Geri Glover, Ph.D., Associate Professor, Department Chair, Counseling
Dr. Glover is an associate professor and chair of the Counseling Department. She is a licensed clinical mental health counselor, registered play therapist – supervisor, and a licensed school counselor. She has worked in the field of mental health for over 20 years. Play therapy is her primary area of interest for research, training, and promotion. She served on the national board of the Association for Play Therapy for 6 years and served on the state board for New Mexico Association for Play Therapy for 14 years. In addition to play therapy, she is also a strong advocate for diversity training and cultural awareness in clinical practice, especially with children and their families. Her research and publications have been primarily in this area.
Kathryn Dziekan, Ph.D., Term Professor, Counseling
Dr. Dziekan is a clinical mental health counselor, and certified rehabilitation counselor. She has over ten years of experience both as an assistant/associate professor and as a Rehabilitation Counselor in a variety of settings and locations across the United States. She specializes in psychiatric rehabilitation, addictions, learning disabilities, diversity, and distance education. Dr. Dziekan has recently served the community by being a psychologist and addiction counselor in clinics providing mental health therapy and addiction counseling. She developed four addiction courses for the Counseling Program at NMHU that are in full alliance with the requirements for licensure in New Mexico to assist graduate students in obtaining their license as the Licensed Alcohol and Drug Abuse Counselor (LADAC).
Kevin Ensor, Ph.D., Assistant Professor, Counseling
Dr. Kevin Ensor has more than 35 years of experience in rehabilitation counseling, evaluation, education and leadership. He earned his Ph.D. at the University of Maryland in developmental psychology, with a specialty in counseling disadvantaged students in alternative education programs. Prior to completing his doctorate, he earned two Master’s degrees at Loyola University- one in counseling and one in educational administration.
In addition to his work in the Maryland public school system, Dr. Ensor has been an adjunct Professor at Loyola and Stevenson universities, and McDaniel College for over 15 years, and has taught courses in counselor education, psychology, and human service programs. He is a 4-time Institute on Rehabilitation Issues national scholar and a published author.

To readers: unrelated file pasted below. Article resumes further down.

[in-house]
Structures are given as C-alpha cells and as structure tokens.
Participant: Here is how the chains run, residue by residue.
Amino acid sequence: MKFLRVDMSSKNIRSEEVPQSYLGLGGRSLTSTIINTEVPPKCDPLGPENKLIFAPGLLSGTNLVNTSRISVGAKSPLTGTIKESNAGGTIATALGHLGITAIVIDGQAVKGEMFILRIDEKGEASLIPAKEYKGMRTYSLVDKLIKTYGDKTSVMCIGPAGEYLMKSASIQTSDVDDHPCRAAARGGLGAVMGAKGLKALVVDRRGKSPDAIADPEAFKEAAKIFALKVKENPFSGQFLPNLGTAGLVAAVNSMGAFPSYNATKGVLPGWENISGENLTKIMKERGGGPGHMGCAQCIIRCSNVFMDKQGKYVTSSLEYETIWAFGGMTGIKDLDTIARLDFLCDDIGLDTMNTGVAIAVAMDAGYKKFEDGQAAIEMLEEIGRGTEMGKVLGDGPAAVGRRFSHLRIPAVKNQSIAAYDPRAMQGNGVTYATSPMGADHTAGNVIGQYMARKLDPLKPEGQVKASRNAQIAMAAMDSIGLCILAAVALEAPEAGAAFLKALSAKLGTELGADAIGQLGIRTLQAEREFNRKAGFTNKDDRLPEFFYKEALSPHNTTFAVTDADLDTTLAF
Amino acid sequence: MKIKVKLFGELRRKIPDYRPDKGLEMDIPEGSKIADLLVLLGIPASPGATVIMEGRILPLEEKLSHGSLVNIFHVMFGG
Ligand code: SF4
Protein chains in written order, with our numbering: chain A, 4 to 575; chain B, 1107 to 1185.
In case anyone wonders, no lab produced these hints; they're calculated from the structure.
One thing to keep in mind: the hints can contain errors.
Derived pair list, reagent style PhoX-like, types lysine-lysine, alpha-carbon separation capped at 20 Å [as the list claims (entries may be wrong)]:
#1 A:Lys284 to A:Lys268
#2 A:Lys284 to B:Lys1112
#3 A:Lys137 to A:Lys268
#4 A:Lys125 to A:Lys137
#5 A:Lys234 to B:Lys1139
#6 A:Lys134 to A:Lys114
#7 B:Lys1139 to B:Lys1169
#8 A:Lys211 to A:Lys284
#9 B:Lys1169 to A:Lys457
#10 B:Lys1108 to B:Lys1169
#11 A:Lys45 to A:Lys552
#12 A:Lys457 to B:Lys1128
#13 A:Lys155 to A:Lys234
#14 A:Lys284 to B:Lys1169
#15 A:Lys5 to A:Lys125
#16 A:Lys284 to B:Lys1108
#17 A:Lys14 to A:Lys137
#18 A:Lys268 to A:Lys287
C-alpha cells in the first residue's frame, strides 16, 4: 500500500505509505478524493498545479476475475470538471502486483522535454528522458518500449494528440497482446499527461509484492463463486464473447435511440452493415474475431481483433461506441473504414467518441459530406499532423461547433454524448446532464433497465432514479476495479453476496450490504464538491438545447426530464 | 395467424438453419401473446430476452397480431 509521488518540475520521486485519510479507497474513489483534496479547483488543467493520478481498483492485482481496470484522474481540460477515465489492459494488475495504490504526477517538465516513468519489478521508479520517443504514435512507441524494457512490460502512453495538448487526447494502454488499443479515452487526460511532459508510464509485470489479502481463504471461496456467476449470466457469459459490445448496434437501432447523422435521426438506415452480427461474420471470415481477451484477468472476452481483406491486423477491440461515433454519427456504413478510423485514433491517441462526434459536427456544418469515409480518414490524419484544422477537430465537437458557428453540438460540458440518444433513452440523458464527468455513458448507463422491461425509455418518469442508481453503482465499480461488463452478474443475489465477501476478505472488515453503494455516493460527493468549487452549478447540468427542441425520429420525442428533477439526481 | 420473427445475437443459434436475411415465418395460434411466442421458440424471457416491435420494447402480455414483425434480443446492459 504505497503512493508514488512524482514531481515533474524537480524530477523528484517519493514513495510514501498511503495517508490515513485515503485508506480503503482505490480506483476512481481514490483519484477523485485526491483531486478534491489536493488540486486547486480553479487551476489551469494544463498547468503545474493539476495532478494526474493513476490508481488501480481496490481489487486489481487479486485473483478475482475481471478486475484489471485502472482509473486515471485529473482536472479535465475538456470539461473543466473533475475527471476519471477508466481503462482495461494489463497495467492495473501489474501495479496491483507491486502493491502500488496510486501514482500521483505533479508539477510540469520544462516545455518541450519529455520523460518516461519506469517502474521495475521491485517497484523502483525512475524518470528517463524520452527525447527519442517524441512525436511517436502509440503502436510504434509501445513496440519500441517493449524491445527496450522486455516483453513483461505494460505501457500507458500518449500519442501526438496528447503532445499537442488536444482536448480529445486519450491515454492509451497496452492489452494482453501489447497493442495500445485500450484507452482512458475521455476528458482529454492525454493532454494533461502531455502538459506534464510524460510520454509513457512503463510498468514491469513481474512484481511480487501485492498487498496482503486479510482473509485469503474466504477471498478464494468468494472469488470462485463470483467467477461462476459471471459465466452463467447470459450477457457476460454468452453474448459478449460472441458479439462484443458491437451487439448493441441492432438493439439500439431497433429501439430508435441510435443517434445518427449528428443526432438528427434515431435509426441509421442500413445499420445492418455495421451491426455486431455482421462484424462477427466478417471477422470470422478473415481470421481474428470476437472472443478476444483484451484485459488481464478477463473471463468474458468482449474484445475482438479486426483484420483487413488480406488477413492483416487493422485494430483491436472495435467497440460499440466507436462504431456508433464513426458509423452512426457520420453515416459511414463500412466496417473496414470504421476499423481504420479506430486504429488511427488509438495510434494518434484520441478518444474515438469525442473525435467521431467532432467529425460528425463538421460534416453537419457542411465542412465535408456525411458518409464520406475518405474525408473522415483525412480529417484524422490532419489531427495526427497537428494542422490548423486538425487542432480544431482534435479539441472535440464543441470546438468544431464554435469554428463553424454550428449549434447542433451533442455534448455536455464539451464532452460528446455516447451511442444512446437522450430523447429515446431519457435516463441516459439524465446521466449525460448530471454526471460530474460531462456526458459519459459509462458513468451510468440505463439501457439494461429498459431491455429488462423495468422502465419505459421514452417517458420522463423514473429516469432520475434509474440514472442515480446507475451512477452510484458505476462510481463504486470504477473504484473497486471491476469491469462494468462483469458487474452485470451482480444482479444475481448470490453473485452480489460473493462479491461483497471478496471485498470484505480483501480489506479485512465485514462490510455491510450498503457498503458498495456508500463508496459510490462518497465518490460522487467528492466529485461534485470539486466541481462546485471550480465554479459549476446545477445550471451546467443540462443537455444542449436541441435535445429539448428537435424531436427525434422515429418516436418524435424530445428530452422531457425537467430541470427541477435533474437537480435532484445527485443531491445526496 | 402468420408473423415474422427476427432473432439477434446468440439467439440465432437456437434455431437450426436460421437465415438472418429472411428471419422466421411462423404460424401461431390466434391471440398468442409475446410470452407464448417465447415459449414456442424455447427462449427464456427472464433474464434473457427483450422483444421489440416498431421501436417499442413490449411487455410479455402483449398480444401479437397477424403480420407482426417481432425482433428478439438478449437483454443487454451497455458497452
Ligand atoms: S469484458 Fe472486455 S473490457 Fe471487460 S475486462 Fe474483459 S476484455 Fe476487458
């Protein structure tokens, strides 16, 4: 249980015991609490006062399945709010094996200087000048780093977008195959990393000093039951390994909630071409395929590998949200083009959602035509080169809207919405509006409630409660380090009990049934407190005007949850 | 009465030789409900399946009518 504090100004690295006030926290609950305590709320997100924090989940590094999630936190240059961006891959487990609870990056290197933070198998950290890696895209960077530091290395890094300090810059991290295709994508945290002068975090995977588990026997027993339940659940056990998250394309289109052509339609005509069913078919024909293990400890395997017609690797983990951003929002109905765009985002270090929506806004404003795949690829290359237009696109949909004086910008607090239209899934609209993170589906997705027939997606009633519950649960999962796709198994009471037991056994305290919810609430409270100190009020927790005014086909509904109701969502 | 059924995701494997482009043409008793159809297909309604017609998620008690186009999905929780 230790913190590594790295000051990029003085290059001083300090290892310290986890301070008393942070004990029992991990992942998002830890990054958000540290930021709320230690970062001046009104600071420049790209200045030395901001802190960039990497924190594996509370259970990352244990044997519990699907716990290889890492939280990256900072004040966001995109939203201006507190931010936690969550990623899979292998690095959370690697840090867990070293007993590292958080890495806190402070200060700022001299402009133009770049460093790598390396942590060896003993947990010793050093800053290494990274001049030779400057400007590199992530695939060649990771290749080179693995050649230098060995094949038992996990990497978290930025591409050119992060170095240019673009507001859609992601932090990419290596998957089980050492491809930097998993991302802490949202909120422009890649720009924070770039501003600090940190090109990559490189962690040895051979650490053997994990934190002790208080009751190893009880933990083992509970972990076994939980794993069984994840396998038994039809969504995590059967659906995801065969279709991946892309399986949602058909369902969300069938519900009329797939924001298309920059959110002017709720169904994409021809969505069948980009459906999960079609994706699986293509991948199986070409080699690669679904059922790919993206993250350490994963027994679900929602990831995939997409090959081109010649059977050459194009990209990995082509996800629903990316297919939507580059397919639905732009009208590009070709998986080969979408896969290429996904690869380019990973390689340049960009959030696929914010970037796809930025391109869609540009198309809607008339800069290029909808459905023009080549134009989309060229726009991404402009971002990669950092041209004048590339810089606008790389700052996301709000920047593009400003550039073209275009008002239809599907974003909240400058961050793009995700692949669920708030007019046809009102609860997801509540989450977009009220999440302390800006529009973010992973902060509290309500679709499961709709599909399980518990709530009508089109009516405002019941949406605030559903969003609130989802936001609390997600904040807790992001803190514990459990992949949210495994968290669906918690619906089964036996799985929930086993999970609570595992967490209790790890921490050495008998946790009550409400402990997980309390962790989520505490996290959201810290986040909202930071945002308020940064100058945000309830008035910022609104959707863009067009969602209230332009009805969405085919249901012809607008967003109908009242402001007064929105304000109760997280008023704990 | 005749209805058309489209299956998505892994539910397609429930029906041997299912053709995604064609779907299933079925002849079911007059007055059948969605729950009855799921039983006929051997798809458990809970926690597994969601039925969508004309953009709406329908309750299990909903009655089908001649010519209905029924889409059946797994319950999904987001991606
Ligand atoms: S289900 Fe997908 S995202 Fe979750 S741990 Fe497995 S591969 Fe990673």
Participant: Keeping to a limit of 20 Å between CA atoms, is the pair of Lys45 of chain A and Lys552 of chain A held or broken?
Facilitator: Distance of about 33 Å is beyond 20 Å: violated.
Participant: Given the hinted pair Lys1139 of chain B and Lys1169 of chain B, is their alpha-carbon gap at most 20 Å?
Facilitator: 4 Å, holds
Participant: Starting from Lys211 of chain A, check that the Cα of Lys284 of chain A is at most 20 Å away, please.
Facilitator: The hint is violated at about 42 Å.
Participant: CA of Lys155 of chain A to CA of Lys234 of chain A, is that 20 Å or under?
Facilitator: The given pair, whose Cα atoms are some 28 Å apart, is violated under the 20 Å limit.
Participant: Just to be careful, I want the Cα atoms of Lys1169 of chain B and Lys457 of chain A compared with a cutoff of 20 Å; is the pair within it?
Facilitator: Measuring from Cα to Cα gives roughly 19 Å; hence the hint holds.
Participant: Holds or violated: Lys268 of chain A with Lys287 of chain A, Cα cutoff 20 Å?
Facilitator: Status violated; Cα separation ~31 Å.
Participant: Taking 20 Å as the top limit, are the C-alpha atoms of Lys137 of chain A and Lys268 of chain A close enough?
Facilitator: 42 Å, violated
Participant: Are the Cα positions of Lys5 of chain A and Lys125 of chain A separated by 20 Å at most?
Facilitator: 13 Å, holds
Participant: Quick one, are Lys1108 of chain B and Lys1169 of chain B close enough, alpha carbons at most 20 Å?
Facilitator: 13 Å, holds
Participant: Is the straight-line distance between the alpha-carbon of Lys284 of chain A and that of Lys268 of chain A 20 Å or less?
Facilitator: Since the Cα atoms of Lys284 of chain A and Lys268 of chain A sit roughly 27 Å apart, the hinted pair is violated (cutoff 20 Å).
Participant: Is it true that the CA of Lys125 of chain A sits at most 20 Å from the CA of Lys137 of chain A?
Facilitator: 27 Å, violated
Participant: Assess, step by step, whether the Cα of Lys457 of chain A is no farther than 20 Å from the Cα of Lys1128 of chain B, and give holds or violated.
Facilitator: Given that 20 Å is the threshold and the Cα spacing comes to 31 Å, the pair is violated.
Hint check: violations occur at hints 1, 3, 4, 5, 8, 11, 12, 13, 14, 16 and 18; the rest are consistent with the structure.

Chris Graham, Rh.D. Education, Term Professor of Rehabilitation Counseling
Anna M. Koch, Ph.D., Assistant Professor, Counseling
Dr. Koch, is a licensed professional clinical counselor (LPCC), certified rehabilitation counselor (CRC), and a certified clinical mental health counselor (CCMHC). She has earned two doctoral degrees, one in Rehabilitation Counselor Education from The University of Iowa and the second from Texas Tech University in Counselor Education and Supervision. Her training, experience and research/publications has focused on addiction, co-occurring disorders, brain injury, group counseling and online counseling. She is also interested in rehabilitation counselor education program accreditation. She has taught master’s level counseling/rehabilitation counseling students since 2003 and has also worked as a counselor in psychiatric rehabilitation, private practice, not-for profit, and for the U.S. Department of Veterans Affairs.
Douglas Main, Ph.D., Professor, Counseling
Dr. Main is an associate professor, a Certified Rehabilitation Counselor (CRC), and a Licensed Professional Clinical Counselor (LPCC). He has over ten years of experience as a State Rehabilitation Counselor, including specialized work in school-to-work transition, vocational evaluation, and brain injury rehabilitation. Additionally, Dr. Main worked for a year developing a research and intervention protocol for veterans with disabilities, and has pursued specialized training and experience in college and university counseling and crisis intervention. Most recent publications for Dr. Main include research on hybrid distance education models that best serve rural communities. He has published and presented most extensively over the past decade on preventing burnout and compassion fatigue in counseling.